With its rugged mountains, tumbling streams, and breathtaking views, Madison County was a land rich in natural beauty and mountain culture. A land of songs and storytelling, of pride and self-reliance, it was also a land of hunger, poverty, and a deep mistrust of outsiders. Some considered the VISTA workers with their do-gooding notions, alien culture, and meddlesome ways to be an unwelcome intrusion in their lives.
If Nancy felt any misgivings for her safety, it didn’t stop her from performing her job or having a social life. Late on a June night in 1970 she left her friend, fellow VISTA worker Ed Walker, and started her trip home alone in her government car. Her naked hogtied body would be found in the car days later. Was this a political statement from disgruntled locals against VISTA? A personal attack against Nancy whom some accused of being overly-friendly and flirtatious? Or was Ed Walker, the last person known to have seen her alive, somehow involved in her tragic murder?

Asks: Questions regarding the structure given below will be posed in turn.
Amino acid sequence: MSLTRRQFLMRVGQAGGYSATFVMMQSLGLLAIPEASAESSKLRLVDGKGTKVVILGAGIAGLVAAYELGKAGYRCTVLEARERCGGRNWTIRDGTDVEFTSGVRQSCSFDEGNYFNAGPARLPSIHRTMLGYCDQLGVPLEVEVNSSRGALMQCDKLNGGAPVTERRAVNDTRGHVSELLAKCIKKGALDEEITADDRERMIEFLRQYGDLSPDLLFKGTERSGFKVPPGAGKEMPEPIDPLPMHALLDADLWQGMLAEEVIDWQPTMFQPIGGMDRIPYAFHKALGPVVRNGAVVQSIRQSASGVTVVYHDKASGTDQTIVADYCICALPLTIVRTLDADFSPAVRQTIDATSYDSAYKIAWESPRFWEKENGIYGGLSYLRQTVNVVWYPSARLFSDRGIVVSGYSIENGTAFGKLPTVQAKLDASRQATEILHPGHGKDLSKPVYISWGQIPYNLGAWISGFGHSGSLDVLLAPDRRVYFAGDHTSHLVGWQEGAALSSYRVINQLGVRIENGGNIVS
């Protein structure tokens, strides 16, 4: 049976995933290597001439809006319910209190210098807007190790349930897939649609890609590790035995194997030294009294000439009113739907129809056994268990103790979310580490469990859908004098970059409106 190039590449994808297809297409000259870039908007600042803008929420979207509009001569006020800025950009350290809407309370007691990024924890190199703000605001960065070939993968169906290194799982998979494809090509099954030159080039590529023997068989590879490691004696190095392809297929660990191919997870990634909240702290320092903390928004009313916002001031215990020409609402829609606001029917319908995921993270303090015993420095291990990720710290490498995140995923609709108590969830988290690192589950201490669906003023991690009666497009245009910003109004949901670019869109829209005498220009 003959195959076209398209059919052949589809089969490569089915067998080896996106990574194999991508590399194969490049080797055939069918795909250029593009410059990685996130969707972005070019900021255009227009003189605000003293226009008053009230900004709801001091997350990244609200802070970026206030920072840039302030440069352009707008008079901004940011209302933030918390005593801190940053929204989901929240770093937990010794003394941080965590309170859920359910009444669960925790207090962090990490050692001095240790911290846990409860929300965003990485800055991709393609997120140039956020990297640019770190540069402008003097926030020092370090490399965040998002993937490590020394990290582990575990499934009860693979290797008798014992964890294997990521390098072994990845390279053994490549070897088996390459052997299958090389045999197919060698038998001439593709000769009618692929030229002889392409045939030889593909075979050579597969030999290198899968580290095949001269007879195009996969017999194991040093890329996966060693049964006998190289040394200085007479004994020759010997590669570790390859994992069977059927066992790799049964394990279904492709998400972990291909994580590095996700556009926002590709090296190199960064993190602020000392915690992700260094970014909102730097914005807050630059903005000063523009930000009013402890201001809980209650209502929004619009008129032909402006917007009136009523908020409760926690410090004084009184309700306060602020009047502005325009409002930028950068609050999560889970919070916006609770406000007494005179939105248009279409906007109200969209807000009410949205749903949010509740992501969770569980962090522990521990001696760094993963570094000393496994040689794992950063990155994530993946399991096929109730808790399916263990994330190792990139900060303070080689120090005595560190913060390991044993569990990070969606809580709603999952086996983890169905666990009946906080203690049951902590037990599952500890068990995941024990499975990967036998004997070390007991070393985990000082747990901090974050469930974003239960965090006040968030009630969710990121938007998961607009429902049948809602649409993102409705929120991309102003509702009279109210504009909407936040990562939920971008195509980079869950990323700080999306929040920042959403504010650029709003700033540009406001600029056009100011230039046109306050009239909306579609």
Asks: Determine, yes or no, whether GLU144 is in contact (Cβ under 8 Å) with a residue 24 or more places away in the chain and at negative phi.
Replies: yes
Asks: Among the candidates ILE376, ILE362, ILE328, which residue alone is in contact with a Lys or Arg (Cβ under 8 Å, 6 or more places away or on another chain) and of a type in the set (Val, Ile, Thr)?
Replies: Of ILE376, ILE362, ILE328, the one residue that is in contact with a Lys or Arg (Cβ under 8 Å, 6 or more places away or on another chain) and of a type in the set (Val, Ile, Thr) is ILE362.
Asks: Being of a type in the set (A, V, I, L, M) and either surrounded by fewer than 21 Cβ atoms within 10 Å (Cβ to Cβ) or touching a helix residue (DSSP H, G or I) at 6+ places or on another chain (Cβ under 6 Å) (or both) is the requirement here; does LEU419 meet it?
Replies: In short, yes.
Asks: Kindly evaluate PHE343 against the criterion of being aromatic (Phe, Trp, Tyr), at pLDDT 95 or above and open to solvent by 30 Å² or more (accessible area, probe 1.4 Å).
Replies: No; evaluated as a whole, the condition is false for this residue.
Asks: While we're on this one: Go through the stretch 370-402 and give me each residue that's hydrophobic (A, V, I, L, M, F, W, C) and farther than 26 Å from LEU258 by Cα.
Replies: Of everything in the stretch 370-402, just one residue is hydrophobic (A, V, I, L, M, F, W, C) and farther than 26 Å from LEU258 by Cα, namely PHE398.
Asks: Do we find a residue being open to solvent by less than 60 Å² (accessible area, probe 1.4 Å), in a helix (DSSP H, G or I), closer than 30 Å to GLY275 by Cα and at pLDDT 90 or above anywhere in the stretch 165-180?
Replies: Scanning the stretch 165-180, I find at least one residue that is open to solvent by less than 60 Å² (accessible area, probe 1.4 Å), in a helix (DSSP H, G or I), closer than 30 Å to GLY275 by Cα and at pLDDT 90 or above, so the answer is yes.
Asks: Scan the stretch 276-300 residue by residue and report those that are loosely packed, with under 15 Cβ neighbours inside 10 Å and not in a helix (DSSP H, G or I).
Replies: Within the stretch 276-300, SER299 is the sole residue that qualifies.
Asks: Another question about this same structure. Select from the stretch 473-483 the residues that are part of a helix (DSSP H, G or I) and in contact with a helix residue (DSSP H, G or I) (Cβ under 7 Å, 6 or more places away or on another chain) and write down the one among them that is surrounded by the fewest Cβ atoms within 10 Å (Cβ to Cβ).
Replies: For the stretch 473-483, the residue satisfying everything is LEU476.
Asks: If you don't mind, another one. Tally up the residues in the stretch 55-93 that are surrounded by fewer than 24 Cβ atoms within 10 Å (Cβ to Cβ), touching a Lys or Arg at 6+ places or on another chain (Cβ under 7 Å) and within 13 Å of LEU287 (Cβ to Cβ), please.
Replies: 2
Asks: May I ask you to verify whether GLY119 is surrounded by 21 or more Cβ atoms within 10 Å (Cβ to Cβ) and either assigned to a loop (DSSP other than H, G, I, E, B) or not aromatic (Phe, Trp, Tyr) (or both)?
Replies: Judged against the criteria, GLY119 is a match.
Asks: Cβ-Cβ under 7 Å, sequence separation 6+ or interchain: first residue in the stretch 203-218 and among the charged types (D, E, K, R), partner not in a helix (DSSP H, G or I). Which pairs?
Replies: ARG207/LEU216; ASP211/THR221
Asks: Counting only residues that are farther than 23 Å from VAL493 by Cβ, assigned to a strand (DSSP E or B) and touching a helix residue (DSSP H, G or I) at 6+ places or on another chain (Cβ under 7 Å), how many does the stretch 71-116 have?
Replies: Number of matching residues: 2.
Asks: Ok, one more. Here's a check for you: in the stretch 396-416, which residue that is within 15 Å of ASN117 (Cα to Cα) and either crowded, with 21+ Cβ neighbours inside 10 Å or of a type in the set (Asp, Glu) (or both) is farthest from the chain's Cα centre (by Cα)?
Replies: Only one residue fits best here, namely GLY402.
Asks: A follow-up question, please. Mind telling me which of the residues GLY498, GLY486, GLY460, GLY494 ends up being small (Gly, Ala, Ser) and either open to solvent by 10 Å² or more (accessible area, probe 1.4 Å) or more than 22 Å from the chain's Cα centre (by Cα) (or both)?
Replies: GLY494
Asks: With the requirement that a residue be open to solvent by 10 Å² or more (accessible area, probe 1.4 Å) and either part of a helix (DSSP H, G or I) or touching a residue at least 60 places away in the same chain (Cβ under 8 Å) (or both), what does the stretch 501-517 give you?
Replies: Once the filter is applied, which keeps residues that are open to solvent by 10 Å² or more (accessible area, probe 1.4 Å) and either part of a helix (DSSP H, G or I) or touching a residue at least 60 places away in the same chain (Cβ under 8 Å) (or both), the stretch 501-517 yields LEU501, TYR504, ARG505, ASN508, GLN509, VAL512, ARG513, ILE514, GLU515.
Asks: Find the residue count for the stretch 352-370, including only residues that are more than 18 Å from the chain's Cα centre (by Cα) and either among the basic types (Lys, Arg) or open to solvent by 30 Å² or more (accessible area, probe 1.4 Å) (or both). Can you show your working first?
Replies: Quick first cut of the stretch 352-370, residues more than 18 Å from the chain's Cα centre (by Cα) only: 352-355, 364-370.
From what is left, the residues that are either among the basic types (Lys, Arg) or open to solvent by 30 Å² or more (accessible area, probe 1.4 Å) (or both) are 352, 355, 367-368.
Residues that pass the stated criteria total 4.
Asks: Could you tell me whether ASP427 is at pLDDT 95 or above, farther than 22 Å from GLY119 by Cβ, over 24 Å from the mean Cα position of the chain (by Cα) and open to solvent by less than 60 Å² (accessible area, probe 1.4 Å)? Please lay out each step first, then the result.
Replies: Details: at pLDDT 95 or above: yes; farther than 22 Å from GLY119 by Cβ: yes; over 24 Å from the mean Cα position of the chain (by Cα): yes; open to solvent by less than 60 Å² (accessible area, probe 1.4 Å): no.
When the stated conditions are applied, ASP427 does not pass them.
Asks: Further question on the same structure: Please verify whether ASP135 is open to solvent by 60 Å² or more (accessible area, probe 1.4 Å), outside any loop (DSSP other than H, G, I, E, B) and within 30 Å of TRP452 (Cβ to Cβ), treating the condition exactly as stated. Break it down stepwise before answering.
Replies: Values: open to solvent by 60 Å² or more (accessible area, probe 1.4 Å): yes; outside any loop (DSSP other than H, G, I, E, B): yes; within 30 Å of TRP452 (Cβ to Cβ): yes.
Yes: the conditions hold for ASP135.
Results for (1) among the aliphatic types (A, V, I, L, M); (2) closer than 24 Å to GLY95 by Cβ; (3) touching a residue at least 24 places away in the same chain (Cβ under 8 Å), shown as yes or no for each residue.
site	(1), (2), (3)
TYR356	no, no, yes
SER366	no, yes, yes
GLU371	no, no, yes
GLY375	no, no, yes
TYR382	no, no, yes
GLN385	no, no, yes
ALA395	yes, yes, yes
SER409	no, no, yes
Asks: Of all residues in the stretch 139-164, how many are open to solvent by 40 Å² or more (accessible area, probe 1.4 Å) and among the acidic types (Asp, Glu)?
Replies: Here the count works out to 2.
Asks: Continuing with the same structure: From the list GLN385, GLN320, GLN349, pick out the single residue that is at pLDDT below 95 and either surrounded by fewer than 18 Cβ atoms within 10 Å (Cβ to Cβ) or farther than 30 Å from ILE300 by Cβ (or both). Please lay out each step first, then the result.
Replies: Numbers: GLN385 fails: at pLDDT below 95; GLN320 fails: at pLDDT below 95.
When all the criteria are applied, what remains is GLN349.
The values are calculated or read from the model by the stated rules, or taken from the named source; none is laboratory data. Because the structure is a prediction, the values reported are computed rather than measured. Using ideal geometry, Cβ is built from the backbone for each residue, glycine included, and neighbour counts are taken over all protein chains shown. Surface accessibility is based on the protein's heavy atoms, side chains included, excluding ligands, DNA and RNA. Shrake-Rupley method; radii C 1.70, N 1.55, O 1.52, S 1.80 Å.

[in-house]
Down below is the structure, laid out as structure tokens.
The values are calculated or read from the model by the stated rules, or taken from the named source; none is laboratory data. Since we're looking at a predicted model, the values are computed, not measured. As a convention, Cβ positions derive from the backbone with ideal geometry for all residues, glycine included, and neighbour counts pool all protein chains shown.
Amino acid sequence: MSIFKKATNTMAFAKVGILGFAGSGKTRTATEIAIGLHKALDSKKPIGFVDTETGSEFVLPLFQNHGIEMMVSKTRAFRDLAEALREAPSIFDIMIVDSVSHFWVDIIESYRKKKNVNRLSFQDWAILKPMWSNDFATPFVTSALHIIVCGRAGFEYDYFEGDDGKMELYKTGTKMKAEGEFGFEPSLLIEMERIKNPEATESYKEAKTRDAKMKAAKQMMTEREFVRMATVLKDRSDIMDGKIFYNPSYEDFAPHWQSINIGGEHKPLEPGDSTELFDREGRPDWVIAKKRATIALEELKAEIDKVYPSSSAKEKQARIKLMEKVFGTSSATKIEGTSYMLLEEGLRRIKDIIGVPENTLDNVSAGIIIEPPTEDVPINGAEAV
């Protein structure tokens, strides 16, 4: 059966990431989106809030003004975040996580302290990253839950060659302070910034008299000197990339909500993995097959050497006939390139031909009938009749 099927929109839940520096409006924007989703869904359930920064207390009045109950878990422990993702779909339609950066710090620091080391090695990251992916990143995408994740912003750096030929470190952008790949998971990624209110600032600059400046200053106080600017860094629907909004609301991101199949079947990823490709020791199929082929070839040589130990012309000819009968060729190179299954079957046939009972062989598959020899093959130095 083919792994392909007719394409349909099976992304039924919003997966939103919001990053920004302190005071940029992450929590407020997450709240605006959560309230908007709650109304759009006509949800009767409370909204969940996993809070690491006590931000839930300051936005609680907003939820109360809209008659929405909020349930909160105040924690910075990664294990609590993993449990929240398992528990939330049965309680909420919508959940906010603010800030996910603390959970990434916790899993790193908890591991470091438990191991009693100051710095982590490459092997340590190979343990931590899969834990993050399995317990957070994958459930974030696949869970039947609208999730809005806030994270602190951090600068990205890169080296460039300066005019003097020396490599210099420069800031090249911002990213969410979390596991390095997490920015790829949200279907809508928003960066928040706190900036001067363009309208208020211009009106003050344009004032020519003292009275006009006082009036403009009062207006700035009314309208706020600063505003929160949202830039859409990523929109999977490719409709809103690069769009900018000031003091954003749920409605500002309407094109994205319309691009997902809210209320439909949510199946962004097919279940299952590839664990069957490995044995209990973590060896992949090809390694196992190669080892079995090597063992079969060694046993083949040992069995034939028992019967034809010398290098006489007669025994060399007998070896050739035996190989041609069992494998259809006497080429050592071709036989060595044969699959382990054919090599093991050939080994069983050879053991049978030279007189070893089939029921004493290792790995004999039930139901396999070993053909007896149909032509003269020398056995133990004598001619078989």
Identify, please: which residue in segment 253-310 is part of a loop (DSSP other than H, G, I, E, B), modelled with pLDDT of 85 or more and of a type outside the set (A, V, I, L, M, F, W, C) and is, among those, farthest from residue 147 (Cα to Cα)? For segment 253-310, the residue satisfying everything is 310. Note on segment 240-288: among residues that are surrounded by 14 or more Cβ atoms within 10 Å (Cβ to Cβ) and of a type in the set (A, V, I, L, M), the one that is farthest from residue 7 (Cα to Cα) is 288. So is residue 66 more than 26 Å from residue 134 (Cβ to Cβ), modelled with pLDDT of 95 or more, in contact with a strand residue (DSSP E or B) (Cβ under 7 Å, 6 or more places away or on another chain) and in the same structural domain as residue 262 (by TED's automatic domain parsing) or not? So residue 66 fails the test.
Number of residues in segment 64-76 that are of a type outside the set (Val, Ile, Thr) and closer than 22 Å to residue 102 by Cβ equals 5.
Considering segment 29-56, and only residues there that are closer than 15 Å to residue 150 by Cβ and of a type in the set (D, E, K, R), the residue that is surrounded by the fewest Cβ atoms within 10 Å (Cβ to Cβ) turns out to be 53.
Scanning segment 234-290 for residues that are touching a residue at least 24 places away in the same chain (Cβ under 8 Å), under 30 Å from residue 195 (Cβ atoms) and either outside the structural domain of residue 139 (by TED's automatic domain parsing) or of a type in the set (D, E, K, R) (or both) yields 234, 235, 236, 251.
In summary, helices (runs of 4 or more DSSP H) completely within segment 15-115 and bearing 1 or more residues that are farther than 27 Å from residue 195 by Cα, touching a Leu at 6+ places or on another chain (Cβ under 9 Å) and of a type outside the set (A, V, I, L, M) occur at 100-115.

Inept procedures and political intrigue would dog and stall the investigation, but journalist Mark Pinsky, who for years followed and researched the case, puts the pieces together in his gripping true crime narrative Met Her on the Mountain: A Forty-Year Quest to Solve the Appalachian Cold-Case Murder of Nancy Morgan.